' Another embodiment of the invention is illustrated in Figs. 4 and 5, wherein a light-admitting shelf means is provided, in conjunction with the garment-supporting rail and elongate light producing means attached thereto. As shown, the improved clothes closet fixture of this embodiment embraces a" plurality of upright wall strips 30 having marginal apertures 31 by which they may be secured to a wall surface. Preferably, the strips 30 are embossed or formed to provide raised center portions 32 in which keyhole openings 33 are provided.
Cooperable with the wall strips 30 are plates 34 of brackets 35, said plates having selectively located, headed projections 36 at their rear,adapted to be received in the keyhole openings 33. Thus the bracket plates 34 maybe easily and quickly located on and secured to the wall strips 30 at any of a number of difierent elevations. The brackets further comprise forwardly and upwardly' extending struts 35' connected with horizontal supporting members 37 which carry" a plurality ofparallel,-spae'ed' shelf rods 38. The members 37 may be suitably' notched, as at 39, to accommodate the rods 38,
or 'the rods may be welded or otherwise fastened in place as found de'sir-ableI Y The rods 38 andbrackets- 135 constitute an'advantageoiis shelf means which will permit light to -pass through it, and whihwill collec-t'a minimum of dust.
nane present invention I dispose along the front-man "seamen V ginal portion of. the .said shelf means an open-sided casing 40 having a channel cross section, with legs 41 and 42 connected to each other by a web 43. Within the casing 40 I provide an elongate light-producing means 44, which may be of the incandescent or fluorescent variety, or other suitable type.
Hanging from the forward portion of the shelf means and disposed below and tothe rear of the light means 44 I provide a garment-supporting rail 46, carried by hangers 47' secured in the horizontal supports 37.
It will be readily appreciated that, by the above organizatiomlight from the source 44 will pass outwardly of the casing 40 to the rear and also above and below the casing, thereby to completely illuminate the garments carried by the rail 46 and to also illuminate objects on the shelf means comprising the rods 38. The casing 40,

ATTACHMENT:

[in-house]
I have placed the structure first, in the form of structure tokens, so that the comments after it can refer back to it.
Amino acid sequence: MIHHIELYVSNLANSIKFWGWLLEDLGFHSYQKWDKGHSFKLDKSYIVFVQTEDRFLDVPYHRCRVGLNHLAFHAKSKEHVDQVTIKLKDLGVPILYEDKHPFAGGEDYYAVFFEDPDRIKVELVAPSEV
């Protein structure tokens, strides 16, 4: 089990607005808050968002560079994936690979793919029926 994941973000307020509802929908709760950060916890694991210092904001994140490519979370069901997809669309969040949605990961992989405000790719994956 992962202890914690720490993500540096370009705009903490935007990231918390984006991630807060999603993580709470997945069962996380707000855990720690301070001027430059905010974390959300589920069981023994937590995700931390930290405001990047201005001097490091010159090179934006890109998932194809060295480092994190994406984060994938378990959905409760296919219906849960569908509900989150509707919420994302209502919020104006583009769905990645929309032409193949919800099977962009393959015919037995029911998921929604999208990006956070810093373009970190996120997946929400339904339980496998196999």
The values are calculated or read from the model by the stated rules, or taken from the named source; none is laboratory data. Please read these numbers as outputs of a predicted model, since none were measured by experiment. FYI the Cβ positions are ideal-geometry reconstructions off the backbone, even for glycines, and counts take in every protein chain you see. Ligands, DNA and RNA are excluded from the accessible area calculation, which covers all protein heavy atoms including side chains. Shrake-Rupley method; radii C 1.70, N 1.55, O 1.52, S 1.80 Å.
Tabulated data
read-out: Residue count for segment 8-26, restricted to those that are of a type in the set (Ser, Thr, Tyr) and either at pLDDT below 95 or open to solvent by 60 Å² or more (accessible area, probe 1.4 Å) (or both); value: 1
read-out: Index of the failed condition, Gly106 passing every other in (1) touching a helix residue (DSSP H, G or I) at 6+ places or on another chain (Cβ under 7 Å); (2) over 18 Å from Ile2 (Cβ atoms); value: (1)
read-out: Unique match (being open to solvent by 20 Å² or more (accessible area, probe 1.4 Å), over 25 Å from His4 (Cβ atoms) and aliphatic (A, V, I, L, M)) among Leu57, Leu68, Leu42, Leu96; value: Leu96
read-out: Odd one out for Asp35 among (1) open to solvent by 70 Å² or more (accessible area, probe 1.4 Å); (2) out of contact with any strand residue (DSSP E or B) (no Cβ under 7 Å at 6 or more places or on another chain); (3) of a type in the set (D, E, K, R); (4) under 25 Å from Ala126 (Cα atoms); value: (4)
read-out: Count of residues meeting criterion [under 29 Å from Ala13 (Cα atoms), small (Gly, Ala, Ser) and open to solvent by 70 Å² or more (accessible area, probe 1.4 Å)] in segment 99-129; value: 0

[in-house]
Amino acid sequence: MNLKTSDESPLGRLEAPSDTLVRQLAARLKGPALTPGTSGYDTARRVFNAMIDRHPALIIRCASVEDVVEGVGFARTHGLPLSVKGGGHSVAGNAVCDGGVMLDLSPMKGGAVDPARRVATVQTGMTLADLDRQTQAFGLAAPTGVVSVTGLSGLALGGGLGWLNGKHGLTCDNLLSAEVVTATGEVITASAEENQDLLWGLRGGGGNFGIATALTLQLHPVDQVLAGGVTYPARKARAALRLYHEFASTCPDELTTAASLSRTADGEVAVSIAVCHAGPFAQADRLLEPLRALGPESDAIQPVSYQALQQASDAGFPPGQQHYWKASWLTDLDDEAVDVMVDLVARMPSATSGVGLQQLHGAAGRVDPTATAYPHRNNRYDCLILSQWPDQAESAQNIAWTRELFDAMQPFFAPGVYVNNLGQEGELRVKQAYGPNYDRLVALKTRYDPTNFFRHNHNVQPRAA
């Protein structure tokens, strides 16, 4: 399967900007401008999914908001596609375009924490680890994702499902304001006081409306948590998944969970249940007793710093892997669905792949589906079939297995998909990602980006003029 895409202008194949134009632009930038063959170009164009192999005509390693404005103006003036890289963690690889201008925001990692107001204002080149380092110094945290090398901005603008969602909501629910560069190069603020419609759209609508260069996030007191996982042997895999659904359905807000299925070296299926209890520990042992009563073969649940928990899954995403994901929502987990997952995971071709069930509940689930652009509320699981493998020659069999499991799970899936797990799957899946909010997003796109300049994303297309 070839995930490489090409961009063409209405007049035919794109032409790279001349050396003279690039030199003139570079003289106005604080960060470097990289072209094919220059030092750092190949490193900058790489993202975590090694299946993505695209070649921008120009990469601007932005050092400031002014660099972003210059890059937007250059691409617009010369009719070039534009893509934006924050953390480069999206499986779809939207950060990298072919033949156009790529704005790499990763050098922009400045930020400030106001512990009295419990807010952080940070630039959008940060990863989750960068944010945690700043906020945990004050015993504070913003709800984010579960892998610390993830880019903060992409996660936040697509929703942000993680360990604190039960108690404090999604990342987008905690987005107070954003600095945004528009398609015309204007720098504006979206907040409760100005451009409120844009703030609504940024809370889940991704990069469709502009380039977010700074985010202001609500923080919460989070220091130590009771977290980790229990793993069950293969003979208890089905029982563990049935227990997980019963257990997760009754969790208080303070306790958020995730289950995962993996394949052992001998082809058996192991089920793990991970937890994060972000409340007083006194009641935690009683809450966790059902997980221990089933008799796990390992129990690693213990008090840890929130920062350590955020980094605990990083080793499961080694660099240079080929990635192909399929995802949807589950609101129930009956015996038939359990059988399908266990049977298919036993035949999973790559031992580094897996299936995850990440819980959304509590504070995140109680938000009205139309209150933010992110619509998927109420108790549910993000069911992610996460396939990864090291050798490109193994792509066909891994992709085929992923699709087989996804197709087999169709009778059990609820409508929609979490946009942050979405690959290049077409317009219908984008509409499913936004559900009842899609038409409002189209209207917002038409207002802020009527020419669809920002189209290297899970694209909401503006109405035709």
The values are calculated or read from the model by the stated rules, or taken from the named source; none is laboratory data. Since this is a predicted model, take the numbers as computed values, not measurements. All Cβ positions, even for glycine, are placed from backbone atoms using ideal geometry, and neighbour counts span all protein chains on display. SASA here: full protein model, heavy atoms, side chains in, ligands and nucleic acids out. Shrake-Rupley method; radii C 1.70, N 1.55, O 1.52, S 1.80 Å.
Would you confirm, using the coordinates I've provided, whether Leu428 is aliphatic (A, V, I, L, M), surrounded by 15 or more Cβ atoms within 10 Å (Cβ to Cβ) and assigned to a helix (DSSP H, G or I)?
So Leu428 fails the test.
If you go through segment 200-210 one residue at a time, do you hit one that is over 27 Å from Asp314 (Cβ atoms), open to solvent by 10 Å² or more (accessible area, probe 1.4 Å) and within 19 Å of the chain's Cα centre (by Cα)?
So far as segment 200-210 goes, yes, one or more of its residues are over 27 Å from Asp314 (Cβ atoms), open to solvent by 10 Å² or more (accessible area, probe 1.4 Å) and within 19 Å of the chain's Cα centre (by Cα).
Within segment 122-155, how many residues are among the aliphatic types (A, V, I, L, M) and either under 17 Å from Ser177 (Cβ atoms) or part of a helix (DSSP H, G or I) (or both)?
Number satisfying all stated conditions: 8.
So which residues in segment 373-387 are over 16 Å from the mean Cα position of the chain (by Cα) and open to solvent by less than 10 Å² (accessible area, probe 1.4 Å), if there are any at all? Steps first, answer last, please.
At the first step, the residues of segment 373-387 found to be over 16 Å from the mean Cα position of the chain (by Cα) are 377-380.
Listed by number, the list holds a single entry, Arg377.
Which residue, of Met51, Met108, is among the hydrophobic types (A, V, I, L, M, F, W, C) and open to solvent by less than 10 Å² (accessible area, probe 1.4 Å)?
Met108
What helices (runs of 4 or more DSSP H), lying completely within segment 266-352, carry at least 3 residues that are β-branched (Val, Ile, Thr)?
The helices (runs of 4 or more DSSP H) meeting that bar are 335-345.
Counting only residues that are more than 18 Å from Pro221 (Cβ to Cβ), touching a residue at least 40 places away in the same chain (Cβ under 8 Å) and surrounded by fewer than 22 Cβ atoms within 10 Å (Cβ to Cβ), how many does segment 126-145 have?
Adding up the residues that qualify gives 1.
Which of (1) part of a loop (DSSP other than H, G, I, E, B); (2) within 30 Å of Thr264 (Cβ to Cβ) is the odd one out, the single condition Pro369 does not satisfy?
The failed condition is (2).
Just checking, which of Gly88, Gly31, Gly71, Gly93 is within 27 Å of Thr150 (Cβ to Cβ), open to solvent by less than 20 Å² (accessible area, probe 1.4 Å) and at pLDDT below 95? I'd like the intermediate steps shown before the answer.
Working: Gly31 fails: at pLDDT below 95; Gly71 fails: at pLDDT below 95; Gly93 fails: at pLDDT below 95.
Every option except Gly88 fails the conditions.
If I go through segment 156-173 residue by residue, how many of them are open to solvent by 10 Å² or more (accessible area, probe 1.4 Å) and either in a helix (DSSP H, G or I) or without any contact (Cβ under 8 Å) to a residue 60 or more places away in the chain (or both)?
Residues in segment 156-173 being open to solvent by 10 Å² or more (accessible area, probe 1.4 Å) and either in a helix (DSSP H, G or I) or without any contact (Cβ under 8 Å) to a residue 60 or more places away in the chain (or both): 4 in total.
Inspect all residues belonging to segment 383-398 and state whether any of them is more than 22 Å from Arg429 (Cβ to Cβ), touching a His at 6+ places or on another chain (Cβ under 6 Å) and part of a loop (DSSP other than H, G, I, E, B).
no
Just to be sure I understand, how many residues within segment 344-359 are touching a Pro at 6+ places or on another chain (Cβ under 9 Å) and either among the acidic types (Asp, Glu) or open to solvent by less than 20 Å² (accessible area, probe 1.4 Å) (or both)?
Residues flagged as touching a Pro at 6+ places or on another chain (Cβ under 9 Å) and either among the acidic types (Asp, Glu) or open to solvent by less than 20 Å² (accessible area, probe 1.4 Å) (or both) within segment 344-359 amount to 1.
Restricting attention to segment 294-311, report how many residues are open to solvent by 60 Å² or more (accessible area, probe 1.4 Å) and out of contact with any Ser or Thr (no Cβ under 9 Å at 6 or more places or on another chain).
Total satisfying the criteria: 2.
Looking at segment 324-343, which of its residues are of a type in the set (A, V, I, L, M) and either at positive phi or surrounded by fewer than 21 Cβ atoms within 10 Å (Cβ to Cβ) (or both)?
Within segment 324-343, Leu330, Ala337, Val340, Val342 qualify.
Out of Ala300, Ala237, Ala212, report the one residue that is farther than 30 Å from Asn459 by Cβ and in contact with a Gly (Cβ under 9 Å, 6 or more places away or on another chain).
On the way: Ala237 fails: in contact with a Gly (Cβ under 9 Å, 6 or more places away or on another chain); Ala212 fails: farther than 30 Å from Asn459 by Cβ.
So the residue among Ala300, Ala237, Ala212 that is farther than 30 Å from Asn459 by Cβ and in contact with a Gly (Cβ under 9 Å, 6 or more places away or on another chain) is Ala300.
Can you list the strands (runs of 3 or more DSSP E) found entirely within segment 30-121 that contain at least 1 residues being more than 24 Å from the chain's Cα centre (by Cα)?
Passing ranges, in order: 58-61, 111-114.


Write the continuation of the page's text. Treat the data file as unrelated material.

however, will effectively shield the light from the eyes of a person standing at the front of the closet. Thus I have provided an extremely effective and desirableclothes closet fixture constituting a combined garmenttime it will permit light therefrom to pass to all desiredeconomical to manufacture, while at the same time being of rugged and durable construction, so as to have a long and useful, trouble-free life. The fixture may be easily and quickly installed, and will provide the maximum.
degree of convenience to a user regardless of the locatron or organization of the closet. The lighting of the objects will be diffused, and there will'be absent dark or noticeable shadows which have been characteristic of prior proposals along this line. a
Variations and modifications may be made within the scope of the claims and portions of the improvements may be used without others.
l. A combination lighting and rail fixture for clothes closets and the like, comprising an elongate frame havmg frontand rear portions and means at its ends adjoining said rear-portion for attaching it to a support; an elon ate, light-producing means having a long, tubular glass envelope carried by the frame at its ends and extending substantially coextensive therewith; an elongate, opaque shade having a substantially U-shaped cross section, said shade extending substantially coextensive with and partially enclosing said light-producing means and being arranged to block some of the light therefrom; and a garment rail having a relatively large surface per unit length, connected with the frame and extending substantially coextensive therewith, said rail being spaced from and located below the said light-producing means and being located Wholly below said frame and accessible in a horizontal direction from the front of the fixture, said rail having a diameter commensurate with the diameter of the said tubular glass envelope, and being adapted to receive and support garment hangers by which lightcolored garments hung thereon may reflect light fror'n'the light-producing means upward.